The Golden Spike was driven into America’s first transcontinental railroad on May 10, 1869.
The Golden Spike
Before the transcontinental railroad, travel from the East to the West Coast might take six months and cost at least $1,000.
If you survived, that is.
Afterward, a ride from New York to San Francisco could be over in a week, for less than $100.
In an early example of a staged media event, two locomotives sat a mere rail tie apart from each other as crowds of people looked on.
Railroad financier Leland Stanford drove a single Golden Spike into the final tie with a silver hammer.
The San Francisco News Letter said:
“Never before in our history as a nation has occurred an event in the celebration of which all could participate so heartily, and with so little of mental reservation.”
Maybe some reservations
The Chinese laborers had just rioted.
Workers held the Vice President of the Union Pacific hostage in his palatial train car to demand unpaid wages.
The famous telegram that echoed around the States: “Done” spelled “Doom” to the Native Americans and the buffalo.
The $10,000 Bet
The Union Pacific and Central Pacific were bitter rivals.
The Union Pacific crews were Irish and German immigrants, Civil War vets, freed blacks, and some Native Americans.
The Central Pacific had over 10,000 Chinese willing to work for less and in dangerous conditions.
One day the Union Pacific broke all records by laying six miles of track.
Charles Crocker and his Chinese “pets” of the Central Pacific were invited to match that.
They beat it by a mile.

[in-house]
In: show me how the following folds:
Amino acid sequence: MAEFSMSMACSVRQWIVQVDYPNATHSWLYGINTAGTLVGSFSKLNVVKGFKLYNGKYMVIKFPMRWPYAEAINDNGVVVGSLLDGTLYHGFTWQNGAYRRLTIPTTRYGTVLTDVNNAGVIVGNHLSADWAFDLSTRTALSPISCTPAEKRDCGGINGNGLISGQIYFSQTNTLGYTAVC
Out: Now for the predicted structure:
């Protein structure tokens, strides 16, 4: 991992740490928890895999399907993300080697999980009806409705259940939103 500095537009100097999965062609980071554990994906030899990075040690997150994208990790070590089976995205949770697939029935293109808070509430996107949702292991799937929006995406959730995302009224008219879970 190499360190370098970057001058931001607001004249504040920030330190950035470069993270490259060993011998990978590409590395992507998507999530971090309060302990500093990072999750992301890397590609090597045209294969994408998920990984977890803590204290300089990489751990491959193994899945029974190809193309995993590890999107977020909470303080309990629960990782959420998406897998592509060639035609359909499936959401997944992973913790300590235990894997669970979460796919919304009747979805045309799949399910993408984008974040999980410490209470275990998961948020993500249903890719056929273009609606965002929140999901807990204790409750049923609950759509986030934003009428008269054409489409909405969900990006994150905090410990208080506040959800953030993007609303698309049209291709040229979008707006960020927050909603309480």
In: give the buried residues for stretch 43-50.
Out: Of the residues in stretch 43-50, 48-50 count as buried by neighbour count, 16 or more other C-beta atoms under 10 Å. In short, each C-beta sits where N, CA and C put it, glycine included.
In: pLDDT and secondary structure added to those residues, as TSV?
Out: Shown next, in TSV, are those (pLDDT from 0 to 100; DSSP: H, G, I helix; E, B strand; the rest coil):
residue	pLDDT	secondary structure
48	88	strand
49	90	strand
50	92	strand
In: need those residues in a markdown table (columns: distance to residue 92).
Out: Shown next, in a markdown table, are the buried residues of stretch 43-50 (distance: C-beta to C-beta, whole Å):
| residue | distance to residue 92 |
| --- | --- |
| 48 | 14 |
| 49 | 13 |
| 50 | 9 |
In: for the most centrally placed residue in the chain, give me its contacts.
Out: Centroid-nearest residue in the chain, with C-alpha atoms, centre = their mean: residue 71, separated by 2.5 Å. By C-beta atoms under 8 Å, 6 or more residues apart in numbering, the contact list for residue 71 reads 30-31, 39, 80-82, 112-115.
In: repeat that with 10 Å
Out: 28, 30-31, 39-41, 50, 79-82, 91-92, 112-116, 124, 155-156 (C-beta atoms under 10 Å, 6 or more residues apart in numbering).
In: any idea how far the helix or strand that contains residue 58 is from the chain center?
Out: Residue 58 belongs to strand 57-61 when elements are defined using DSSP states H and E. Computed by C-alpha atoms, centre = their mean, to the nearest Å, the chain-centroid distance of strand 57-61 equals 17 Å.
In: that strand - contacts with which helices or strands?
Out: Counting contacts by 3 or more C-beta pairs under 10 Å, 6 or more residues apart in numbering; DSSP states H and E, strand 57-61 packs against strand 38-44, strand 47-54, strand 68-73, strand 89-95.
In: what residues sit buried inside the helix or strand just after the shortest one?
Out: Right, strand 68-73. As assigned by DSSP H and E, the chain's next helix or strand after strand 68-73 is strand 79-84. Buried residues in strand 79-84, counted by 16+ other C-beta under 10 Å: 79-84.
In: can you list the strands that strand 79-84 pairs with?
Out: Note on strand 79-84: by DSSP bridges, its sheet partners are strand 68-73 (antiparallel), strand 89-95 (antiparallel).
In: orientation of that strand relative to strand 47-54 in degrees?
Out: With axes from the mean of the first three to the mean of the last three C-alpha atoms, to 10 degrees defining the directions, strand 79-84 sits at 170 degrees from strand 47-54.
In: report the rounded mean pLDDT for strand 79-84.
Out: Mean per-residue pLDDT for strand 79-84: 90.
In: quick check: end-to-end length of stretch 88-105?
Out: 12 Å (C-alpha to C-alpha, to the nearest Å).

Crocker declared his men would lay ten miles of rail in a day.
The story goes that Vice President Durant of the Union Pacific bet $10,000 that it could not be done and that his money was “covered.”
Advance of An Army
For about two miles, a line of men advanced a mile an hour.
Iron cars with their load of rails and humans dashed up and down the newly-laid track.
Foremen on horseback galloped back and forth.
The telegraph construction party kept pace with the track layers.
Alongside the moving force, teams were hauling tool and water wagons.
Chinamen with pails dangling from poles balanced over their shoulders distributed water and tea
Farther back, locomotives were waiting with their cars of materials. Five train loads were used on that day.
When one section was completed, the next material train was moved up.
In the rear, the boarding house train and quarters of officers looked like a small town stretched out.
In the valley below, continuous trains of wagons and mounted workshops moved along in parallel lines.
It must have looked like the advance of an army.
This track-laying record has never been defeated.
“Driving” the Golden Spike
In the end, the railroad executives used the silver-plated maul to gently tap the golden spikes.
Immediately after the ceremonial taps, the fancy ties and spikes were replaced with a basic pine tie, into which three ordinary iron spikes were driven.
Now, the railroad execs had their chance to really make history and drive that final spike home.
According to one account, Central Pacific President Stanford took a mighty swing at the spike… and struck the tie instead.
The Union Pacific Vice-President (and possibly hungover) Thomas Durant took a feeble swing, and not only missed the spike, but did not even hit the tie!
Perhaps fittingly, the hammer was passed to “a regular rail worker,” who drove home the last spike.
Sources: Mental Floss, CPRR, Smithsonianmag, Wired